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Wednesday, November 21, 2012

Christian Fiction

Someone asked me recently what I thought of the concept of Christian Fiction. This question caught me off guard to a certain degree, because the purpose for the question appeared unfounded. Let me say it this way: To ask for the need of Christian Fiction is like asking why create Christian music, or paintings depicting the glory of God. I never hear anyone wonder of the need of Michelangelo’s Sistine Chapel or wonder at that miracle in marble of the sculpture of David, or the depth of sorrow, loss, and hope captured in the Pietà.
In every culture and in every ethnic group recorded in human history, the chief vehicle of education has been the story. First in the oral tradition and then as civilization grew, the story grew right along with it and evolved into the written form; and finally in the forms of movies and cinema we enjoy today.  But the question before us is why should we as Christians’ leave our generation’s stories in the hands of an unbelieving populace.
When we consider the mechanism of story, of course, even the Bible tells of the use of the oral tradition, but the question to us is that of fiction. For that, let us look to the New Testament and the use of parables.  According to, a parable is a short allegorical story designed to illustrate or teach some truth, religious principle, or moral lesson. This was the chief tool used in instruction by Jesus.
As writers of fiction, we have at the tip of our fingers the ability to carry on the tradition of Jesus by using stories to teach about the principles and philosophies of Christianity. Consider the wonderful lessons of creation as described in C.S. Lewis’ The Lion, The With and the Wardrobe or the power revealed in General Lew Wallace’s Ben Hur, A Tale of the Christ, and ask yourself where would we be without them.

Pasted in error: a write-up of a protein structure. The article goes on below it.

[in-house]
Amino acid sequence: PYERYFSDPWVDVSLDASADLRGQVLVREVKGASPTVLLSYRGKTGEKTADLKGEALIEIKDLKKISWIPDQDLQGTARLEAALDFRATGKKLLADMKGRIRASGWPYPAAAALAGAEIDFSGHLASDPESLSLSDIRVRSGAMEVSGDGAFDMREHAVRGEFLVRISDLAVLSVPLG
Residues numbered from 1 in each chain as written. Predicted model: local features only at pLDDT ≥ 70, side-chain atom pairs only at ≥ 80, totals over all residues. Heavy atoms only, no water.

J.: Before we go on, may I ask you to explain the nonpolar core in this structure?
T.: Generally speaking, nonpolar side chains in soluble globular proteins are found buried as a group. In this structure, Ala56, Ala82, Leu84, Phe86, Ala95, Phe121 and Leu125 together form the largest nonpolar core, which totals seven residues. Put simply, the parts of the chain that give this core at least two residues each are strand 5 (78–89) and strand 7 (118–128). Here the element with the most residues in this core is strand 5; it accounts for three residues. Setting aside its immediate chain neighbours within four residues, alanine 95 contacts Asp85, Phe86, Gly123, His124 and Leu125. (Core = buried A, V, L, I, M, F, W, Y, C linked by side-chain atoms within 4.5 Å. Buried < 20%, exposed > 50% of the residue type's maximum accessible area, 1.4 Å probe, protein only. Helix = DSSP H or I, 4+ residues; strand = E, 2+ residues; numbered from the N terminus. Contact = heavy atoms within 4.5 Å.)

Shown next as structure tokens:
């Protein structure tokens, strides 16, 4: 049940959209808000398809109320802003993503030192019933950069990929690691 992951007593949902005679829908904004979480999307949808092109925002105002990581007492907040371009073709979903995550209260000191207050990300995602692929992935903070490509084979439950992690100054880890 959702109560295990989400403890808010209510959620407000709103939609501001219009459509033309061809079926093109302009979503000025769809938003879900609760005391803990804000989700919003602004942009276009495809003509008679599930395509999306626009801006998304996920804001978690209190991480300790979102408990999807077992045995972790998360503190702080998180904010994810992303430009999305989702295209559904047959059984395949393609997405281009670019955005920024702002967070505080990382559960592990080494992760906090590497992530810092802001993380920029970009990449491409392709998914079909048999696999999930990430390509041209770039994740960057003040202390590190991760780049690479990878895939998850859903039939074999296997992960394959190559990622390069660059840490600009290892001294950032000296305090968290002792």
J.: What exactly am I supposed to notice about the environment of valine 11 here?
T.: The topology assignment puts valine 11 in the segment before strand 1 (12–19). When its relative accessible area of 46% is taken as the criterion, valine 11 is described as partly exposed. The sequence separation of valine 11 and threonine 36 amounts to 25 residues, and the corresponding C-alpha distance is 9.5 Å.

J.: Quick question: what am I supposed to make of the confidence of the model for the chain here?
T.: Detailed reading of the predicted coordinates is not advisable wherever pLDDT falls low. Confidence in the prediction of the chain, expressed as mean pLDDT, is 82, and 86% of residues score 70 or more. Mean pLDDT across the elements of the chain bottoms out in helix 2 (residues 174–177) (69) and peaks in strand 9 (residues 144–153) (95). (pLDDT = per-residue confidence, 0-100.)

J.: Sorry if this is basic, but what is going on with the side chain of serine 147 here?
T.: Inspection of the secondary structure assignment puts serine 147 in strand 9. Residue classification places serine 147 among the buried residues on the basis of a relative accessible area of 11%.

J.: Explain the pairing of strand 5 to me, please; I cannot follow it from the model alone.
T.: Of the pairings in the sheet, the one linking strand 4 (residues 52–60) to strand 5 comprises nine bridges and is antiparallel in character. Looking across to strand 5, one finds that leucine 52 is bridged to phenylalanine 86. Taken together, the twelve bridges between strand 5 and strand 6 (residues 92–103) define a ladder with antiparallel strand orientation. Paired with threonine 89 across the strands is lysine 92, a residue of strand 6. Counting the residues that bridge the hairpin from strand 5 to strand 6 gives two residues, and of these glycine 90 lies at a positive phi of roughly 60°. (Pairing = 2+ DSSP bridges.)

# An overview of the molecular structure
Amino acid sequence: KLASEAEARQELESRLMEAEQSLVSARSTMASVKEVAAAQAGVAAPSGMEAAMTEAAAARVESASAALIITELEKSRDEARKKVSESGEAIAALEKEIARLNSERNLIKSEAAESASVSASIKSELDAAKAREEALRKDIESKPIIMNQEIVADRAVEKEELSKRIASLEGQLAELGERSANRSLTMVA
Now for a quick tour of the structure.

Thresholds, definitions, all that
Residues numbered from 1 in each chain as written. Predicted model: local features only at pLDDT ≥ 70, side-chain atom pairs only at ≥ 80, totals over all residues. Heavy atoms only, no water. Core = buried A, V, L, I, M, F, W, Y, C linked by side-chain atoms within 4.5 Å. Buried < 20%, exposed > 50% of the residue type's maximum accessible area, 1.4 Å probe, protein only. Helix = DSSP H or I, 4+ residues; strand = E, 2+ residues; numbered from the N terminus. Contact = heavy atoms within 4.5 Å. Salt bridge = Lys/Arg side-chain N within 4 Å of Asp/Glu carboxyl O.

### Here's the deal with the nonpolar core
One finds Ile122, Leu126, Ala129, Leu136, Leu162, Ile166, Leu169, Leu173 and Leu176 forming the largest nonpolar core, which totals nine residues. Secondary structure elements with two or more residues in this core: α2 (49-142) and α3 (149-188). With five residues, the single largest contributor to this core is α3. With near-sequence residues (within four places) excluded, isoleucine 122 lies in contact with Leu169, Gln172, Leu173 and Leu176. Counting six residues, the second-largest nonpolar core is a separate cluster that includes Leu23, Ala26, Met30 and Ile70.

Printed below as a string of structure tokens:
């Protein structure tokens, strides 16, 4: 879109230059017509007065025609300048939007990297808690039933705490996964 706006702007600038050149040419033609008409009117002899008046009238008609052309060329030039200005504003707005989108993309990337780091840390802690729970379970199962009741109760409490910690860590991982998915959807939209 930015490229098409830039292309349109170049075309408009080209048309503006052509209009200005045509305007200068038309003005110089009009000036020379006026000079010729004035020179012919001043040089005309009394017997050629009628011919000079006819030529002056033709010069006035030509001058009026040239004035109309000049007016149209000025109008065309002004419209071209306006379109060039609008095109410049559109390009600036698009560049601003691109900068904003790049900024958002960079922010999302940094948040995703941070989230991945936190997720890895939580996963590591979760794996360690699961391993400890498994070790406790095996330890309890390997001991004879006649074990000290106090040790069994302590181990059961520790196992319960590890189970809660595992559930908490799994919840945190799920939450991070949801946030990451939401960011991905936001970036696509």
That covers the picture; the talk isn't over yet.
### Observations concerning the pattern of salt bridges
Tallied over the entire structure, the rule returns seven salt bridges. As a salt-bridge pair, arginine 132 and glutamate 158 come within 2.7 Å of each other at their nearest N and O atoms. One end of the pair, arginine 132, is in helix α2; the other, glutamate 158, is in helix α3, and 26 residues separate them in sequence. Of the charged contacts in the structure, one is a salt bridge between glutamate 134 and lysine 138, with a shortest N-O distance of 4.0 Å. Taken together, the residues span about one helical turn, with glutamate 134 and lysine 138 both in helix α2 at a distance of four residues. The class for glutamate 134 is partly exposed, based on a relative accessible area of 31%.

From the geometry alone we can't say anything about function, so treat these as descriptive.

Now think of the power of hope and salvation woven in the pages of Francine River’s Redeeming Love as the lead character, Michael Hosea, loves and established the heart of his wayward wife in the truth of Christian love.  In my own story, NOTORIOUS, the lead character, Nate Richards, deals with contemporary problems in a metropolitan setting and the reader is allowed, through Nate’s interaction, to experience the leadership and guidance of the Spirit of God as he deals with real life situations.
This is the power of story. We have at our disposal the means to bring our readers along into any of life’s situations and allow them to experience the truths of Christ. As writers, if we fail to do this, I wonder if we won’t be among those who will find themselves numbered with those giving an account to Jesus for the talents we left unused.  Just saying…. Think about it.

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